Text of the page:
The top 10 costumed Toronto bands of all time
The top costumed Toronto bands might see October as a little basic - after all, they've committed to dressing up 365 days a year (or at least, for x amount of gigs per year). Halloween will soon be upon us and many of us are already choosing costumes ourselves, but first we need to pay tribute to those bands who have rocked a variety of get ups year-round. From pylons to robot suits to 80s exercise wear, these Toronto acts' DIY styles take them to the next level. Who knows, they might hold the inspiration you need this year.
With all respect to the goths (they know we love them), here are the top ten costumed Toronto bands of all time.
These rapping jazz-fusion pioneers had a top 40 hit with their 1986 single "Spadina Bus" , the original theme song of Speaker's Corner. Their eye-popping outfits include custom suits with wild black-and-white artwork and a variety of headgear, including military hats and a pharaoh's headdress. They've been enjoying a resurgence since their 2012 album Clusterfunk. Enjoy the outfits while you can - saxophonist Richard Underhill has entered the less-stylish realm of politics. He was running for mayor, but recently dropped out to support Olivia Chow.
Toronto's resident interplanetary robot overlords are newcomers to the scene, but their level of commitment is total. Their outfits would make fans of 70s Doctor Who and The Day the Earth Stood Still proud. Judicious use of lights as well as some sweet saxophone placements give Daft Punk a run for their money as the kings of robot rock. The pounding beat, vocodor and synth-based tunes provide a solid match of sound and aesthetic.
Tupper Ware Remix Party
Inspired by Iron Maiden, Daft Punk and Jamiroquai, their costumes are even more diverse than their influences. With pylon heads, multi-coloured spandex, cat masks and gas masks, these guys make your average band jealous with their immense wardrobe. Much like Matrox, TWRP tout intergalactic origins, but you may find these guys, as I did, synth-rocking out at your local street corner.
Fat as F**k
Describing themselves as the cosmic offspring of King Crimson, Paul Oakenfold, Iron Maiden and Ronald McDonald, this instrumental prog-funk septet keep a unique style. They wear translucent white coats in case of an epidemic and transparent party masks in case of a ball. They released their excellent self-titled debut earlier this year.
Unclassifiable weirdo provocateurs have been unsettling audiences for a couple years now and their disturbing costumes have played a big part. The duo's ever-changing outfits include mop wigs, over-sized raincoats, canvas masks and the occasional chiton . With these outfits, their diseased R&B sounds and perplexing short films, Barbara are definitely in the running for Toronto's weirdest band.
A group that understands the importance of presentation, they housed download codes in packages of incense while playing an unhinged style of glam-psych. This commitment to the theatrical extends to their radical fashions. They can be seen clad in campy tennis outfits, bright-red robes, mime makeup and wigs. Their choices of venues are equally inspired, having played at the Eyesore Cinema and a cat's birthday party.
The Vulcan Dub Squad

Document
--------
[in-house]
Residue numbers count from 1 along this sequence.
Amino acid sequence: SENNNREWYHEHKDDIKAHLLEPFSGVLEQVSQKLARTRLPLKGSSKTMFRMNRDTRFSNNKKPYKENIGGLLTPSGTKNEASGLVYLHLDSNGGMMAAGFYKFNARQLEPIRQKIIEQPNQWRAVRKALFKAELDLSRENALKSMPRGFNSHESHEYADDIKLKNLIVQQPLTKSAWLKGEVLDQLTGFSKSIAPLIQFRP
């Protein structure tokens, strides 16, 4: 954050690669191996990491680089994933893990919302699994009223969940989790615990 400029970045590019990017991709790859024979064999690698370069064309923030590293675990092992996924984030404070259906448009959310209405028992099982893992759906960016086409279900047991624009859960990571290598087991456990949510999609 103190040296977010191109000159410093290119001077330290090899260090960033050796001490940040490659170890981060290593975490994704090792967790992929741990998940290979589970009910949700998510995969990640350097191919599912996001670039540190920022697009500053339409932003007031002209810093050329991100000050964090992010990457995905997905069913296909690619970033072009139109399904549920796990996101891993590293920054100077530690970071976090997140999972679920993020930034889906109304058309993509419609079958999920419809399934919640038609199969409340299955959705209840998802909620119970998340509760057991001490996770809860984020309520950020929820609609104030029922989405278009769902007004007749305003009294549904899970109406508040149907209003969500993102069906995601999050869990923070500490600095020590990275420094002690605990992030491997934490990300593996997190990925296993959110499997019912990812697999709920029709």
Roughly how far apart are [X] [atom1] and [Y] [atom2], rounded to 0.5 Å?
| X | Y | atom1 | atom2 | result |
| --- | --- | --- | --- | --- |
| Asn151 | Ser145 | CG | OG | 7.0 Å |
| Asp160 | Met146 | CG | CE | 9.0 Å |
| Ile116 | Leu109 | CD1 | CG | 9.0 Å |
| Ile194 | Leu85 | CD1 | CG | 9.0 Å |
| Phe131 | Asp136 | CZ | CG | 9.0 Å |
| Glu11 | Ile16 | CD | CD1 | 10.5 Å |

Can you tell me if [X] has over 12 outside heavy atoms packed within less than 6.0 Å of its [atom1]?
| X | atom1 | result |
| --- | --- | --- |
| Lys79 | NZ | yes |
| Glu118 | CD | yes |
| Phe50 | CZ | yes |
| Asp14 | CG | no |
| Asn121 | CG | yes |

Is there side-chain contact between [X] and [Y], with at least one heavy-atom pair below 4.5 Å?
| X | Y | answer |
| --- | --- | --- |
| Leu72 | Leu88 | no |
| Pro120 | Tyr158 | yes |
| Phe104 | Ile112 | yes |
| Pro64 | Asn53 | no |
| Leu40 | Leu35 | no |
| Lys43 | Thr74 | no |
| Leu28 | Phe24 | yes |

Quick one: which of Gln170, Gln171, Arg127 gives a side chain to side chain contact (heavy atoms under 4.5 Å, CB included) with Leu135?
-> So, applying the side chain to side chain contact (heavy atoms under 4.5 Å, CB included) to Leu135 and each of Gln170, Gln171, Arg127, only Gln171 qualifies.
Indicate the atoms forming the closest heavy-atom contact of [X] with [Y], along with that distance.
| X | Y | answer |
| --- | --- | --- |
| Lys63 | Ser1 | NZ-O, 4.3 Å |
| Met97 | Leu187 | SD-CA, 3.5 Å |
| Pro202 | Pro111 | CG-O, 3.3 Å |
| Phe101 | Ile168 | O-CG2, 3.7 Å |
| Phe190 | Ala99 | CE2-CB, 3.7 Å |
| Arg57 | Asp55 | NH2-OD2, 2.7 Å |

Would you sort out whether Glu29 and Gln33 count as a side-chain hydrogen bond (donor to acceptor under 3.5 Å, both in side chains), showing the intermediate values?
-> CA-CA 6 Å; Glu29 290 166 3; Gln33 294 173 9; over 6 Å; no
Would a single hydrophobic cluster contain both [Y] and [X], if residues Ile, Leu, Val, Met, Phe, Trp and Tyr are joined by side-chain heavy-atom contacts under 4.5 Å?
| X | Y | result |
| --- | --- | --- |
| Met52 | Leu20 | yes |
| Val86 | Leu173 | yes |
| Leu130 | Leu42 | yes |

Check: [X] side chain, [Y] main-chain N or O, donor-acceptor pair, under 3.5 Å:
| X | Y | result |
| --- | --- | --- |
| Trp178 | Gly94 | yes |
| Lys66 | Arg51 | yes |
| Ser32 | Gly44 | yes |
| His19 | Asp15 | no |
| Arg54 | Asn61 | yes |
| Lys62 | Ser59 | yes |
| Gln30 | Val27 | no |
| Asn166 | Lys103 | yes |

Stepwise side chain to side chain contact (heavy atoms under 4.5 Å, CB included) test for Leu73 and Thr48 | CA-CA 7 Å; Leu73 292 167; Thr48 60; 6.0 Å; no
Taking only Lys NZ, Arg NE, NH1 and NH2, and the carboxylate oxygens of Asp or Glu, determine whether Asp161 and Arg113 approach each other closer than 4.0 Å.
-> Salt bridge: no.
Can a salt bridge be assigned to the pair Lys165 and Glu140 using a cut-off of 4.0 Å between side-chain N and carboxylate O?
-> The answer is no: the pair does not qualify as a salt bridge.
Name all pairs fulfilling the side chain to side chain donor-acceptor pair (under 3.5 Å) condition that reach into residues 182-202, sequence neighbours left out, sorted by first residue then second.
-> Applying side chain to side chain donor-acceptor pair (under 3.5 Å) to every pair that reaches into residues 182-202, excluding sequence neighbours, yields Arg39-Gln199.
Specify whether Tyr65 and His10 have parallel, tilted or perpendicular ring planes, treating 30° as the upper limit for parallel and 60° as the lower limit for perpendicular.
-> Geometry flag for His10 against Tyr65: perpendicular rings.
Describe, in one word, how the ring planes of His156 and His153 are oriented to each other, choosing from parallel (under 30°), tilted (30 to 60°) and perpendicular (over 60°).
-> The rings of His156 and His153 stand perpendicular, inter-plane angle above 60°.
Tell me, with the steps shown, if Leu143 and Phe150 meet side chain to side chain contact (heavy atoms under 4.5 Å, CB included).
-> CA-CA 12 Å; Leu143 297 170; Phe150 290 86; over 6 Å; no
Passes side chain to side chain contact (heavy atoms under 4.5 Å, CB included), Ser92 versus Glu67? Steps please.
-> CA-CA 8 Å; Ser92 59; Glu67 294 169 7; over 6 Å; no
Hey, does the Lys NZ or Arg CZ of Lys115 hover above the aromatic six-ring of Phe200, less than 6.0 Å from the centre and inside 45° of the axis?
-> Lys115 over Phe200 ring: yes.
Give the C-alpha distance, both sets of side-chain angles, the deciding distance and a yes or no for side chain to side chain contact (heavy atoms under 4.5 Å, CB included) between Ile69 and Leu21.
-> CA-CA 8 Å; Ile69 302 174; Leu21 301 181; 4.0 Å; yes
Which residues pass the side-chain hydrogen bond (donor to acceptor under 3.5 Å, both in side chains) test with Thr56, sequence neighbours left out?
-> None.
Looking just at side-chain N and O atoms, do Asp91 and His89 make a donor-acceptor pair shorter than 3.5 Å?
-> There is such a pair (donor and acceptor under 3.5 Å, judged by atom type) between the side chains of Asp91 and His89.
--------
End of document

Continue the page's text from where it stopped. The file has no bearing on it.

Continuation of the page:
One of Brampton's finest bands, the Vulcan Dub Squad disbanded in 2008 after an 11 year, five album career, but their impact is still felt. The group's unique sound was a mix of post rock, Cure-inspired new wave, punk and jangly, Kinks-referencing pop. For much of their career, they performed in matching suits and black masks, which rather than having an alienating effect, seemed to bring them closer to their audiences. A highlight was "Alpha Flight #12", referencing the classic Canadian superhero team.
Out of all our costumed bands, Fitness have the ultimate synchronicity between form and function. Their moves and costumes come straight out of an 80s workout video, but don't call them a parody - they're seriously invested in the concept. At their shows, you'll see brightly coloured leggings, short shorts, neon armbands, and some sweet choreography. The music fits with the theme as well, with upbeat post-punk tunes that get audiences moving. The icing on the cake is a series of TTC Fit videos made for commuters to get their groove on.
Representing Toronto's black metal scene, these robed rockers released their first album, Sacred White Noise, earlier this year. Their robes give the group both ample menace and total anonymity, and the use of grainy black and white for promotional photos furthers their impression as scary monks. They combine noise and progressive elements for their distinctive take on black metal, and have toured diverse locations, from New York to Switzerland to Slovania.
Nash the Slash
No discussion of costumed musicians would be complete without veteran avant-garde multi-instrumentalist Nash the Slash, who passed away earlier this year after an almost forty year career. Nash's distinctive costume was iconic to the Canadian music scene. His bandaged face, black aviator goggles, white suit and top hat combined to create an instantly recognizable character. With a background in progressive rock, he was best known in his later years for performing live soundtracks to silent horror films, such as Nosferatu and The Cabinet of Dr. Caligari. His image lives on in a series of murals in Leslieville.
Photo of Nash the Slash by Phil Taylor
Join the conversation Load comments